Any mom who has made the phone call to her doctor’s office or timidly admitted to another person that things are not all glowy like the Johnson & Johnson commercial’s make them out to be will tell you that it’s a very hard thing to do.

It took me three months to seek help after the birth of my first daughter. 10 days after the birth of my second (but hers included NICU and major surgery so things were sped up a bit in that situation) and when I was ultimately hospitalized it took me 4 days of calling and hanging up before I would admit things had taken a turn for the worse.

That phone call was the hardest phone call I’ve ever made in my entire life. I mean, c’mon – I just had a baby. She was healthy, she was home from the NICU, doing well – why the hell weren’t things getting better? I thank GOD every day I had the courage to make the call. It completely changed my life for the better. Looking back I see how all of it fit together now. It makes sense. At the time though, I felt adrift, like a random puzzle piece left out in a horrific rain storm.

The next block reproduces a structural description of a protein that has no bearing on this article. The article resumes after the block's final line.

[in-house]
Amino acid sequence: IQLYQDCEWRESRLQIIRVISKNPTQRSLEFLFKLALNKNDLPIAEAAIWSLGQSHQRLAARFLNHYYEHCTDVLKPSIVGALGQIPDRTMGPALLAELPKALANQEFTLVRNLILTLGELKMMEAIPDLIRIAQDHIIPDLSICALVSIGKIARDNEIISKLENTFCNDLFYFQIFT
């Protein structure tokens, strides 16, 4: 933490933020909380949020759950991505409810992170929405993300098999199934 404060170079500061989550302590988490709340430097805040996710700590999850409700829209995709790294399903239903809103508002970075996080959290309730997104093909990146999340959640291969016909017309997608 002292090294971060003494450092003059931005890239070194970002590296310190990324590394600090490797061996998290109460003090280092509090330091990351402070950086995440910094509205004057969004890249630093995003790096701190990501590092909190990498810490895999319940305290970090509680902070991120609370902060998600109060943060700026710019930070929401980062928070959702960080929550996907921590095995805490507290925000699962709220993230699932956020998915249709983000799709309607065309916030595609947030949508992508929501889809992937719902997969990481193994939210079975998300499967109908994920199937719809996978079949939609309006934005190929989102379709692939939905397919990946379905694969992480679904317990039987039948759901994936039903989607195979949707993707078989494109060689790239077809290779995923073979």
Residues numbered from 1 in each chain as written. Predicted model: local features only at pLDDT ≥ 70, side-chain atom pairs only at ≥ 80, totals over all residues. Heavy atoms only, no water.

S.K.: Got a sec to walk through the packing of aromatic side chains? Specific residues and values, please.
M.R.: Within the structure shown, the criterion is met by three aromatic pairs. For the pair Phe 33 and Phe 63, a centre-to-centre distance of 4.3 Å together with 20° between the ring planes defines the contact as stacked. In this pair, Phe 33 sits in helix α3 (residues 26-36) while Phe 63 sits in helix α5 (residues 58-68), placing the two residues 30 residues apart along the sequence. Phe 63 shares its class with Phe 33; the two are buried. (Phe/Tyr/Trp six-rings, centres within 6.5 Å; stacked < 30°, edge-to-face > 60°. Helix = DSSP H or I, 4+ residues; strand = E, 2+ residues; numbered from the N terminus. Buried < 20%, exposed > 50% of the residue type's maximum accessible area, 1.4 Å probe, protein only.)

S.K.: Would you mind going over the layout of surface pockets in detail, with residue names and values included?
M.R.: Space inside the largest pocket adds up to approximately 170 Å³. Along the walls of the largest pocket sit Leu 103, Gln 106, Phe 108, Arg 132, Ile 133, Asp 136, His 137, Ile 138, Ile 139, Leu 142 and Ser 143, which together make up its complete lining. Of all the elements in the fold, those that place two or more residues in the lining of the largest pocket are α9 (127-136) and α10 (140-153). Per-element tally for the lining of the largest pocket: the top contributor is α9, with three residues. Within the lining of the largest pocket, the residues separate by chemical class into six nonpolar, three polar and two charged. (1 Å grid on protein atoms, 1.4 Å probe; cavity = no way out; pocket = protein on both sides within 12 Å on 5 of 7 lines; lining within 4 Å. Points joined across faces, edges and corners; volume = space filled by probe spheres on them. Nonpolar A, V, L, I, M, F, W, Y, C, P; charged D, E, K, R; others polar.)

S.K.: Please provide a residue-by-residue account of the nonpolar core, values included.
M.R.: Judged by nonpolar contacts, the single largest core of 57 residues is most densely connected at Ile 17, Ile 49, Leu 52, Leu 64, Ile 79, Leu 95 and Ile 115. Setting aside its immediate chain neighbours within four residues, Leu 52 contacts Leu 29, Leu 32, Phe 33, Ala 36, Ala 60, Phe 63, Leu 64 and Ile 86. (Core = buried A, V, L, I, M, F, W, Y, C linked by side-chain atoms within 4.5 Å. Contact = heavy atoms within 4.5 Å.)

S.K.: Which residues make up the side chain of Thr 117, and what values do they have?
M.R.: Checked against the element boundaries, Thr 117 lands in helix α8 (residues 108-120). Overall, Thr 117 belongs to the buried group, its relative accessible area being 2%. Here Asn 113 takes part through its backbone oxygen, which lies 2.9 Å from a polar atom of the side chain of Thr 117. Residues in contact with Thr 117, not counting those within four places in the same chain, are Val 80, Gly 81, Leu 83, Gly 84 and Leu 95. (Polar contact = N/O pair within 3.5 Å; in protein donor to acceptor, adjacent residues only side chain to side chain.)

So today I’d like to ask you to share your story of how you first asked for help. What led you to do so? What were some of the difficulties you experienced when you did ask for help? Share with us! Let’s get to Just Talkin!

Eli Lilly Releases “Faculty Registry”

Today Eli Lilly released a list of doctors who received payment from them for various activities including Patient Education, Healthcare Professional Education and Advising/Consulting. In Q1 of this year, Lilly paid out a total of $22 million to those on this list.

I am hopeful other pharmaceutical companies will follow in Lilly’s footsteps. After this past year filled with failed disclosures from faculty members across the country it is encouraging to see a movement towards transparency. As patients and consumers, we should be aware of the finances which may affect our treatment. If our physician has been paid by a pharmaceutical company we should be made aware of this.

Lilly’s site also includes a guide explaining how to read the Registry although it seemed pretty straightforward to me.

You can see the registry by clicking here.